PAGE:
• In Amerika Habe Ich die Freiheit Gefunden (I Found Freedom in America) (Look volume 11, number 16; 5th August 1947) [thirteen portraits of Jack Milnik, including portraits of Cheney Jones, Patsy Mazzucchelli, Roy Clark, and Helen Yarosh]
  • Look's 5th Annual All-America High School Track Team (Look volume 11, number 16; 5th August 1947) [portrait of Jack Murphy throwing a javelin]
  • Family Full of Health: The Jantzens Enjoy Keeping Fit (Look volume 11, number 17; 19th August 1947) [Gene Jantzen with his wife Pat and son Kent in Bartelso, Illinois]
  • The 5 and 10 (Look volume 11, number 18; 2nd September 1947) [thirty-two photographs: shoppers browsing at a store, including eight photographs of a girl reading a comic]
  • Meet the People: Children Tell How They Should Be Punished (Look volume 11, number 19; 16th September 1947) [vox pop portraits of Peggy Bruder, Charlie Hankinson, Robin Morgan, Dickie Orlan, Patsy Walker, and Glenn Mark Arthurs]
  • Walkathon: The World's Wackiest Show - It Gets 4,000 Customers a Night (Look volume 11, number 20; 30th September 1947) [portraits of Flo McGinnis, Bob Robinson, Johnny Makar, Johnny Longo, King Brady, and others at a Kansas City speed derby]
  • (Look volume 11, number 20; 30th September 1947) [a mother separating her two fighting babies in Philadelphia]
  • Teen-Agers Take Over a Radio Station (Look volume 11, number 21; 14th October 1947) [portraits of Phil Jansen, Ned Calmer, Gloria Swanson, Francis Kearney, and Irving Ritz at radio station WTAG]
  • (Look volume 11, number 22; 28th October 1947) [portrait of Joseph L. Mankiewicz]
  • (Look volume 11, number 23; 11th November 1947) [Dick Tracy dolls]
  • (Look volume 11, number 24; 25th November 1947) [a model wearing a dress]
  • Meet the People: Who Stands Pain the Best? (Look volume 11, number 24; 25th November 1947) [vox pop portraits of Barbara Williams, Gail McCammon, R.E. Krause, Mary Linsley, R.V. Martin, Ellen MacKensie, H.B. Nunnally, Margaret Baker, and Catherine Miller]
  • (Look volume 11, number 25; 9th December 1947) [fans, including some colour images]
  • (Look volume 11, number 25; 9th December 1947) [the Broadway musical High Button Shoes, with portraits of Phil Silvers, Nanette Fabray, and others]
  • (Look volume 11, number 25; 9th December 1947) [coffee machines]


  • (Look volume 12, number 1; 6th January 1948) [portrait of Doris Day]
  • Bubble-Gum Contest (Look volume 12, number 2; 20th January 1948) [a bubble-gum competition]
  • Help Your Doctor Diagnose Appendicitis (Look volume 12, number 2; 20th January 1948) [an appendicitis x-ray]
  • It Happened Here (Look volume 12, number 5; 2nd March 1948) [portrait of Nanette Frederies]
  • (Look volume 12, number 5; 2nd March 1948) [advertising sandwich board]
  • Miss America Goes to the Methodist Youth Conference (Look volume 12, number 6; 16th March 1948) [portraits of Barbara Jo Walker and Larry Eisenberg]
  • Photocrime: Death in a Flash (Look volume 12, number 6; 16th March 1948) [a woman is poisoned]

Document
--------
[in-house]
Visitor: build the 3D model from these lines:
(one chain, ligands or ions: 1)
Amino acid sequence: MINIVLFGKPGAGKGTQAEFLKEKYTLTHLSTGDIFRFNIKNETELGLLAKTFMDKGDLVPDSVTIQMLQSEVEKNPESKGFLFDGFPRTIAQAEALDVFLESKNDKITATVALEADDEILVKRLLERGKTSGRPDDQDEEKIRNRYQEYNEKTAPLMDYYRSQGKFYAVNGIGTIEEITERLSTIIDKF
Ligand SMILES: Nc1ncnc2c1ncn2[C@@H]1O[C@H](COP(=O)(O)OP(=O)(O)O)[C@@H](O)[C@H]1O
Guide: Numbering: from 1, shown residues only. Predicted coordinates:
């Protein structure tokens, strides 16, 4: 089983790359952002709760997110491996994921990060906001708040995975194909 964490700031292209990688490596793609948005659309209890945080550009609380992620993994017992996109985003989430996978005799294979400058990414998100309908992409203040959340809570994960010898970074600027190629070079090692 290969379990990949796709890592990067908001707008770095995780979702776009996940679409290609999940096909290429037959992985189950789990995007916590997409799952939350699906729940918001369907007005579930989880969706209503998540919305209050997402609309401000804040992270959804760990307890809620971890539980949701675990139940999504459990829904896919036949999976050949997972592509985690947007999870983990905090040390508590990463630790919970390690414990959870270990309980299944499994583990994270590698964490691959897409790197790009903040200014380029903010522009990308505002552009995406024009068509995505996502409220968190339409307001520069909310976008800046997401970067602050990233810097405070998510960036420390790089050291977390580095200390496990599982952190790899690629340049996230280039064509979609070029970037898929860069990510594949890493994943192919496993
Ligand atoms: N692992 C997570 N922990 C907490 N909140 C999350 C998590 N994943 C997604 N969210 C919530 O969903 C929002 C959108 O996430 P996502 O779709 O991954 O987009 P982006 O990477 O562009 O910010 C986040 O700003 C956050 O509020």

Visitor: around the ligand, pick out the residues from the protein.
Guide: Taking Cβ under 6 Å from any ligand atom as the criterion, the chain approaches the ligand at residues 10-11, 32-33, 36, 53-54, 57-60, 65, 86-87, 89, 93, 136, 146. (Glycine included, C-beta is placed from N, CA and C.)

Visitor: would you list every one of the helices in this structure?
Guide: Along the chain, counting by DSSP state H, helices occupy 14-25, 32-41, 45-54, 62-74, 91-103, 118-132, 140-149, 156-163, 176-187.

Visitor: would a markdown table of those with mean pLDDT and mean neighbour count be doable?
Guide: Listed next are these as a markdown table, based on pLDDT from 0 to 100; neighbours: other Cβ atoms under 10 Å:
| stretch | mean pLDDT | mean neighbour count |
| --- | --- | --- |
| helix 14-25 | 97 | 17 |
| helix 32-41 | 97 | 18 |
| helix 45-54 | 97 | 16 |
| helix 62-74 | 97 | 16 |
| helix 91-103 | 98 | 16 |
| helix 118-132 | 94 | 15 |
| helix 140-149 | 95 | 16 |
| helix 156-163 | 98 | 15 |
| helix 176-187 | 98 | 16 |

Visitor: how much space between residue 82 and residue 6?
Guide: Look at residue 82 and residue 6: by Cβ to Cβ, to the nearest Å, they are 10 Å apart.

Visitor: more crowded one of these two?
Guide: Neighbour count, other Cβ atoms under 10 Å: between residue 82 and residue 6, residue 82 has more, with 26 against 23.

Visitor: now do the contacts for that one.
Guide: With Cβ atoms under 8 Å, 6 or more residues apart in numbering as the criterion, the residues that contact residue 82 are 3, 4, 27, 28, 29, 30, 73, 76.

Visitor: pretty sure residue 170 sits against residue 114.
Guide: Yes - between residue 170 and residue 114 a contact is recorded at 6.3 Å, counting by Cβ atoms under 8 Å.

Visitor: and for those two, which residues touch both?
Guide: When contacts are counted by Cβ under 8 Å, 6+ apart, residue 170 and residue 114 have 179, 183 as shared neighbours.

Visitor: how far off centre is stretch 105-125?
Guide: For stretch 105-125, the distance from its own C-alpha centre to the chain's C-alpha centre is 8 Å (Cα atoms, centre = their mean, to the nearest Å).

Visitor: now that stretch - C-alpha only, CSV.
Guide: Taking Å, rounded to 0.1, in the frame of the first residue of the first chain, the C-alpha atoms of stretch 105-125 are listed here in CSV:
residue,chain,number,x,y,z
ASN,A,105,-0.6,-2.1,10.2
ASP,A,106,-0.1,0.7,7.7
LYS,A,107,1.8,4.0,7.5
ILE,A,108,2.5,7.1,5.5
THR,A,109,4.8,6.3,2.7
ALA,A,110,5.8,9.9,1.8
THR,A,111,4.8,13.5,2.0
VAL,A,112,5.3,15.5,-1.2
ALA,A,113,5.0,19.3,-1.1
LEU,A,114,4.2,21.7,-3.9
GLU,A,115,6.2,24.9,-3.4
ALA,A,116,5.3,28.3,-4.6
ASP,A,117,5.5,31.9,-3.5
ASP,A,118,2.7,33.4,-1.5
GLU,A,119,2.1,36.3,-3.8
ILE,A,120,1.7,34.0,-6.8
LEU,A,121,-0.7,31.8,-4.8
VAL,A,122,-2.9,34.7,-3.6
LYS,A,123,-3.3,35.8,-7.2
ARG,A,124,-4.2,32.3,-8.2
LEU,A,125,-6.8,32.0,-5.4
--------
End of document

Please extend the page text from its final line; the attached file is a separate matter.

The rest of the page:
• The Case Against Universal Military Training (Look volume 12, number 7; 30th March 1948) [a former soldier]
  • The Boss Talks It Over with Labor (Look volume 12, number 7; 30th March 1948) [Eric O. Johnson addresses his employees in Connersville, Indiana]
  • Art Gallery Dali Exhibition (Look volume 12, number 7; 30th March 1948) [private view of a Salvador Dalí exhibition]
  • Psychoquiz (Look volume 12, number 7; 30th March 1948) [a bowl of popcorn]
  • (Look volume 12, number 8; 13th April 1948) [portrait of Miguelito Valdes]
  • Wash Day in a Self-Service Laundry (Look volume 12, number 9; 27th April 1948) [John Carradine at a launderette]
  • Rheumatic Fever: Childhood's Most Neglected Disease (Look volume 12, number 9; 27th April 1948) [children with rheumatic fever at La Rabida Jackson Park Sanitorium, Chicago]
  • Meet the People: Meet President Truman? (Look volume 12, number 9; 27th April 1948) [vox pop portraits]
  • Musical Tycoon (Look volume 12, number 9; 27th April 1948) [portrait of Henry Reichhold]
  • Columbia: It's New Head Is Eisenhower (Look volume 12, number 10; 11th May 1948) [profile of Columbia University, including the library, a painting class with a nude model, a laboratory, a caged rat, and a portrait of Dwight D. Eisenhower]
  • How the Circus Gets Set (Look volume 12, number 11; 25th May 1948) [backstage at the Ringling circus, Florida, including the ringmaster with a clown, tightrope walkers, trapeze artists, a tattooed man with rings stretching his nipples, a monkey on a lead and on stilts, a gorilla, an elephant, a leopard, a giraffe, a tiger, and a man somersaulting over a horse; also a colour portrait of Lou Jacobs as an inset cover picture; reprinted on 6th September 1955]
  • (Look volume 12, number 11; 25th May 1948) [portraits of Electric Light and Power employees]
  • Dale Carnegie: He Sells Success (Look volume 12, number 11; 25th May 1948) [portraits of Dale Carnegie and his wife]
  • Deaf Children Hear for the First Time (Look volume 12, number 11; 25th May 1948) [a party for deaf children held by Rise Stevens]
  • Mooseheart: The Child City (Look volume 12, number 12; 8th June 1948) [pupils at a preparatory school in Mooseheart, Illinois: with one of their teachers, with a cow, doing the splits, and eating a meal]
  • (Look volume 12, number 12; 8th June 1948) [portraits of a fashion model]
  • One-Man Track Team: Irving Mondschein Reaches for Olympic Honors (Look volume 12, number 12; 8th June 1948) [portraits of Irving Mondschein during a decathalon]